Diversity, Equity and Inclusion Training Programs Need A Reboot
Diversity, Equity and Inclusion (DE&I) programs have been popping up at colleges, universities and within organizations in rapid succession over the past several years. In response to calls for more women and minority leadership roles within organizations, business schools commonly offer DE&I courses, workshops and bootcamps. These are important offerings but are not having the impact nor achieving the reach that is needed in this critically important space.
There are at least two reasons why DE&I programs fail to reach the people that need it most. First, potential participants view the DE&I programs as bias training, and since they don’t believe they possess any bias, they are not interested. Second, potential participants are interested in DE&I training but, in our divided culture, view attending such a program as an admission of bias. These participants fear a scarlet letter of sorts being affixed to them as someone who needs DE&I training because they are biased.
Everyone possesses biases. It’s a human condition. There is copious research in this area that demonstrates this fact (if you are reading this and thinking, “I’m not biased”—you just exhibited an instance of confirmation bias). Frankly, everyone needs DE&I training to help make themselves aware of these biases and how they impact the choices we make.
Business schools are in a unique position to drive change in this space. They train future organizational leaders and we know that those organizations—in their current state—are rife with issues of diversity, equity and inclusion. Thus, there is a desperate need for this training for our students. Business schools also reside in the space where we teach our students that the success of the organization is directly measured by its financial performance. Occupying this space affords business schools an opportunity to rebrand DE&I training as what it really is: entrepreneurship, innovation and leadership education.
Consider the skills and training that typical DE&I participants receive. A search of DE&I program objectives returns learning goals such as: enhancing communication, engendering understanding, improving collaboration, developing listening skills, boosting empathy and promoting complex thinking skills.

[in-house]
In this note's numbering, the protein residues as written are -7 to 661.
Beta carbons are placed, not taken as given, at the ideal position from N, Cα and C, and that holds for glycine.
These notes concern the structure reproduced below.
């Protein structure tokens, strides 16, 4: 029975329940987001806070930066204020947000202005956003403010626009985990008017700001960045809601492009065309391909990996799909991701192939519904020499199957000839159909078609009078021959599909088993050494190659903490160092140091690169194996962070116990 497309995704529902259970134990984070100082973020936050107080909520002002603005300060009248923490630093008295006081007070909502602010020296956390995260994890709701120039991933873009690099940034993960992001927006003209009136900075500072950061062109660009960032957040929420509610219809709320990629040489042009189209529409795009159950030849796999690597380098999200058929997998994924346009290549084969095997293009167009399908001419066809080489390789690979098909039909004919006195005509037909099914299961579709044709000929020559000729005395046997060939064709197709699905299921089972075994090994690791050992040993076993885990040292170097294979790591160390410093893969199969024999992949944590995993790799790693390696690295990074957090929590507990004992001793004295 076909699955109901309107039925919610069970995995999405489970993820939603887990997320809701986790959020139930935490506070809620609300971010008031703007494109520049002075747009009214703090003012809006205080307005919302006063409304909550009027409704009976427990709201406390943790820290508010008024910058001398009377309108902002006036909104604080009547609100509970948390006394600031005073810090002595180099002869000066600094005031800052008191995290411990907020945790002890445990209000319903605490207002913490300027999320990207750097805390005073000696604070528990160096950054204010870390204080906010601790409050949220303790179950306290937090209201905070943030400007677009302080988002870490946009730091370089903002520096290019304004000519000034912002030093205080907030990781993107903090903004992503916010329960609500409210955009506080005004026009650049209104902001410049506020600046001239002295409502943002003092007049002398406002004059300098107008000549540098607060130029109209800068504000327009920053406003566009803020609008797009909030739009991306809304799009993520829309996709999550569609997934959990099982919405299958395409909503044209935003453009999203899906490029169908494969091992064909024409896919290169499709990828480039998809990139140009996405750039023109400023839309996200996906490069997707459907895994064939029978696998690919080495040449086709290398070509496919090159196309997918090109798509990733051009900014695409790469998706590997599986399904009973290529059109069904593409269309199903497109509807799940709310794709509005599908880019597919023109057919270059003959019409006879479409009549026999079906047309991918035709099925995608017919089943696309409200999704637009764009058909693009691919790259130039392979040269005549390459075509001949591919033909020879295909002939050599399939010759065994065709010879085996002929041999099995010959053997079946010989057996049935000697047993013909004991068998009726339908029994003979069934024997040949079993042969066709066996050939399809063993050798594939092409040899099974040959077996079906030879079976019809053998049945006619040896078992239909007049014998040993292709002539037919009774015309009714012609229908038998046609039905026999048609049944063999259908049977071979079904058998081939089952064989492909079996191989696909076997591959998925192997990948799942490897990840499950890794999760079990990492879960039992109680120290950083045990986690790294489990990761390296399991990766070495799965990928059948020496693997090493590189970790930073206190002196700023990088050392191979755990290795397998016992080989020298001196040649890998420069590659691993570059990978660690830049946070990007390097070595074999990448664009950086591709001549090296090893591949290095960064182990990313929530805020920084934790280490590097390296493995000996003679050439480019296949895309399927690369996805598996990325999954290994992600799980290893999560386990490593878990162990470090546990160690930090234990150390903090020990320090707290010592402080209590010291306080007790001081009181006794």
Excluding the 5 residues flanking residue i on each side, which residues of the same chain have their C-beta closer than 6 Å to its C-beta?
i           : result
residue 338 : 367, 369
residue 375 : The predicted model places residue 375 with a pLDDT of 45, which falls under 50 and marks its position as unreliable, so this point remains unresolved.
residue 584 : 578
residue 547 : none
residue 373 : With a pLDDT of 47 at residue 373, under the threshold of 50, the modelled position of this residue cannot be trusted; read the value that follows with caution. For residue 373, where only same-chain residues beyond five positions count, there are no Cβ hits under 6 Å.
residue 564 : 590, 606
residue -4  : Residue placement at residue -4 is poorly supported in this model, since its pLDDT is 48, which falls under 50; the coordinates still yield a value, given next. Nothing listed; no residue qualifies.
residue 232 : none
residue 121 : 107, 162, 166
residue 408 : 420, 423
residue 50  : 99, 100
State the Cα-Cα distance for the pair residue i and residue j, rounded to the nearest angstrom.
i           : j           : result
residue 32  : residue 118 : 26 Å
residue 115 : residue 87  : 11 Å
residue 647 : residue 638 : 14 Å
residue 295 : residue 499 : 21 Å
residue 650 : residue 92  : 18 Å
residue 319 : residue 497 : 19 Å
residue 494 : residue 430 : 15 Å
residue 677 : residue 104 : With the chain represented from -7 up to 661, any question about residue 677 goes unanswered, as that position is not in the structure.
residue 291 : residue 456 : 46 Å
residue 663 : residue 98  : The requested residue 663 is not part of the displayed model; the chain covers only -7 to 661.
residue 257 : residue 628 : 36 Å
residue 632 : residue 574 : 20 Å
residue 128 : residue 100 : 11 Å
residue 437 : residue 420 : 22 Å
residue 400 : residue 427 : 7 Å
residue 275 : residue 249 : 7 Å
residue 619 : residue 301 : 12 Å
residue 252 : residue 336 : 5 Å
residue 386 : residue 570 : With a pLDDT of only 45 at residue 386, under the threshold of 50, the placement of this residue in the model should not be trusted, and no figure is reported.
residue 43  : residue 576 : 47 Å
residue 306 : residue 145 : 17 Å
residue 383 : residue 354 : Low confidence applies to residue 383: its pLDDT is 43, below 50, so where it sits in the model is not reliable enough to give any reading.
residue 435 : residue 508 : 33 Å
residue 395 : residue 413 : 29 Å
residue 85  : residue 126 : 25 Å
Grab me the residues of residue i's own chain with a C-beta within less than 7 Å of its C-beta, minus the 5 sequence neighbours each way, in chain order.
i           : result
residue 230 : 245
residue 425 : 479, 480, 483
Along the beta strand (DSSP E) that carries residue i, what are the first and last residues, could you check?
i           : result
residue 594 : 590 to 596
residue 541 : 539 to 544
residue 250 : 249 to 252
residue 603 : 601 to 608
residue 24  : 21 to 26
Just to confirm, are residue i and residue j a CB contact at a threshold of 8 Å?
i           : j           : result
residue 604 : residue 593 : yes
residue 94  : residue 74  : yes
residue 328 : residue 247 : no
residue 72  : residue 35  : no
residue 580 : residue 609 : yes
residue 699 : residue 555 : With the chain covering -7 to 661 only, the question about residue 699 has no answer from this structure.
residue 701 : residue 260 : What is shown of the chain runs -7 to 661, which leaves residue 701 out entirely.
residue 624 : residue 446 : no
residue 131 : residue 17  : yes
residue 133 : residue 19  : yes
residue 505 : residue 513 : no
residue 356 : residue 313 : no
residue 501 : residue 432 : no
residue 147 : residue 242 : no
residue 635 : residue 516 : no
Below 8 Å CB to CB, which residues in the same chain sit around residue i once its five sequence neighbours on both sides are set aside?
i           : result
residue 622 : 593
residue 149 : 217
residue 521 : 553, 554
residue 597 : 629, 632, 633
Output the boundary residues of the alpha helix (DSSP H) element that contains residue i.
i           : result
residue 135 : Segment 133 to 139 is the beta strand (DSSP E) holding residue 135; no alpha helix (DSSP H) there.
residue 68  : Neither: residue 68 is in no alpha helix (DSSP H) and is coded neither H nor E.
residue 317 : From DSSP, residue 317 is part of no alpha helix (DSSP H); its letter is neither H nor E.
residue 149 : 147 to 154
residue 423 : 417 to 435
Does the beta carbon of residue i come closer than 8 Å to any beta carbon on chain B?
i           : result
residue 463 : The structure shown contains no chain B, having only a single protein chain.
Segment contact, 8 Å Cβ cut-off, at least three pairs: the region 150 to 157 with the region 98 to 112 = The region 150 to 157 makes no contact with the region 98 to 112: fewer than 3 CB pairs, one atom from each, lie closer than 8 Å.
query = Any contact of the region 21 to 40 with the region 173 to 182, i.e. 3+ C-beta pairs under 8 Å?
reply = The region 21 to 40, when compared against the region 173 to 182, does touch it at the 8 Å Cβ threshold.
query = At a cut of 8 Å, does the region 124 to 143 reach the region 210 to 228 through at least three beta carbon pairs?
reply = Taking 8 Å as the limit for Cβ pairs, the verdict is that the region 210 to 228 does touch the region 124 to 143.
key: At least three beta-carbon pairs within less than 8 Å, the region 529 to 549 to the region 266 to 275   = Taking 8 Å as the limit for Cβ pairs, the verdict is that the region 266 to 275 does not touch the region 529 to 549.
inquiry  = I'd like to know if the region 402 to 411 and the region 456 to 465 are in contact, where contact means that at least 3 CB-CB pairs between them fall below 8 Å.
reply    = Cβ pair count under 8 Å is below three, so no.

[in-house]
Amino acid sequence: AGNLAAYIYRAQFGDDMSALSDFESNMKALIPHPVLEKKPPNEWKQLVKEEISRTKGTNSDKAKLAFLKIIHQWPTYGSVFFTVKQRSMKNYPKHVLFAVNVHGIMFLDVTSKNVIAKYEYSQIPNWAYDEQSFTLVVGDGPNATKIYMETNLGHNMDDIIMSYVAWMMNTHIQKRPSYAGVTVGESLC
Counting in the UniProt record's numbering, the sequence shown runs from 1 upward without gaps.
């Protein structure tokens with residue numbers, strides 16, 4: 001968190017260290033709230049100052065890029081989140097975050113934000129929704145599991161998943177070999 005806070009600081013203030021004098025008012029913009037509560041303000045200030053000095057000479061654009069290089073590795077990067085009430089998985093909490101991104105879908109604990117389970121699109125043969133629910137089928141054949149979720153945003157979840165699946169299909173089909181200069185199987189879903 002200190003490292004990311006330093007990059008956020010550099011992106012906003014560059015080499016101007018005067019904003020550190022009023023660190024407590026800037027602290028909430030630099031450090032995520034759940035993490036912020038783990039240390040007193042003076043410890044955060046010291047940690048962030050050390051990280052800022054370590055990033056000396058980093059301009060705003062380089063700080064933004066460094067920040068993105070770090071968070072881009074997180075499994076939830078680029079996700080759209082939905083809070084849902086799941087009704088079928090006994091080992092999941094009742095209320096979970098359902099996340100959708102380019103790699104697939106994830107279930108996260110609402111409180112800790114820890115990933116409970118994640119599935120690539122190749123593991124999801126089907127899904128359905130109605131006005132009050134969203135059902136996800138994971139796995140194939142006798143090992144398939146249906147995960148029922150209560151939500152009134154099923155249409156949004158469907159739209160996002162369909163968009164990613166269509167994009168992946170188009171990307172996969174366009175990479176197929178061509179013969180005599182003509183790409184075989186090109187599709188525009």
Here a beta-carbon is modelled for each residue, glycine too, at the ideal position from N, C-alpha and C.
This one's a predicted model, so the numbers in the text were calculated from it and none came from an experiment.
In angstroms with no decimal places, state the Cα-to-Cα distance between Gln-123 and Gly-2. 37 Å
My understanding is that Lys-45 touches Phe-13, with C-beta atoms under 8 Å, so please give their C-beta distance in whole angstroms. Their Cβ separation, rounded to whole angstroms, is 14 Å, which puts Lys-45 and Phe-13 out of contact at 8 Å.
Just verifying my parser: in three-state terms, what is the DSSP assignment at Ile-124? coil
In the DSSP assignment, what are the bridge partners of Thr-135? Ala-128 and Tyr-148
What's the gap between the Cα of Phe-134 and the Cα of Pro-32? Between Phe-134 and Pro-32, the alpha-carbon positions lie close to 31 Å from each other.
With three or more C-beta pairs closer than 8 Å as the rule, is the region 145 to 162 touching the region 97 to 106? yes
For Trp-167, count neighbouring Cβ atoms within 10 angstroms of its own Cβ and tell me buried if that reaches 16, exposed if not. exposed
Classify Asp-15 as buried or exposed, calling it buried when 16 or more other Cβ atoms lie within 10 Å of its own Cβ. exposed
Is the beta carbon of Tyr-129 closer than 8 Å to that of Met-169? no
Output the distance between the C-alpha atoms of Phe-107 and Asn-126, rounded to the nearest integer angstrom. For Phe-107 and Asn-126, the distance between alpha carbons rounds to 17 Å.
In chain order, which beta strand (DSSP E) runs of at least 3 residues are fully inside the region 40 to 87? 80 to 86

Consider the context within which DE&I participants receive this training: The role of the organization is a central theme.
Consider the goal of DE&I training that participants should hope to achieve. An open and inclusive environment where everyone has a voice and whose ideas matter.
These skills, the context in which they are taught, and the goals of such training are strikingly similar to what is being taught within entrepreneurship and leadership programs at B-Schools around the world.
Perhaps most important, DE&I programs teach the human+ skills (i.e., creativity, collaboration, communication, critical thinking and empathy) that futurists believe are vital for people to prosper in the oncoming wave of automation powered by artificial intelligence.
Research has been consistent in supporting the value created by diverse teams. Cristian Deszö and David Ross found that gender diversity among a firm’s leaders results in greater levels of innovation and performance. Orlando Richard found similar results when teams were more racially diverse. Research from Adam Galinsky and colleagues demonstrates that diverse teams are more creative. Other research suggests that diverse teams result in team members engaging in higher level critical thinking skills.
It is no longer a matter of whether greater diversity, equity and inclusion yield better outcomes for organizations. We know this to be case. Thus, business schools must be focused on teaching those other soft skills, like communication, empathy and listening, that will unlock the creative problem solving potential and complex thinking skills underlying diverse teams.
To that end, business schools would be well-served to focus on embedding DE&I principles into their offerings in the fields of entrepreneurship and leadership where we know diversity, equity and inclusion of thought result in better organizational outcomes. This approach aligns with why students attend business schools. This approach will yield better learning outcomes.
Most importantly, this approach will have the long-term impact that is most desired: greater diversity, equity and inclusion.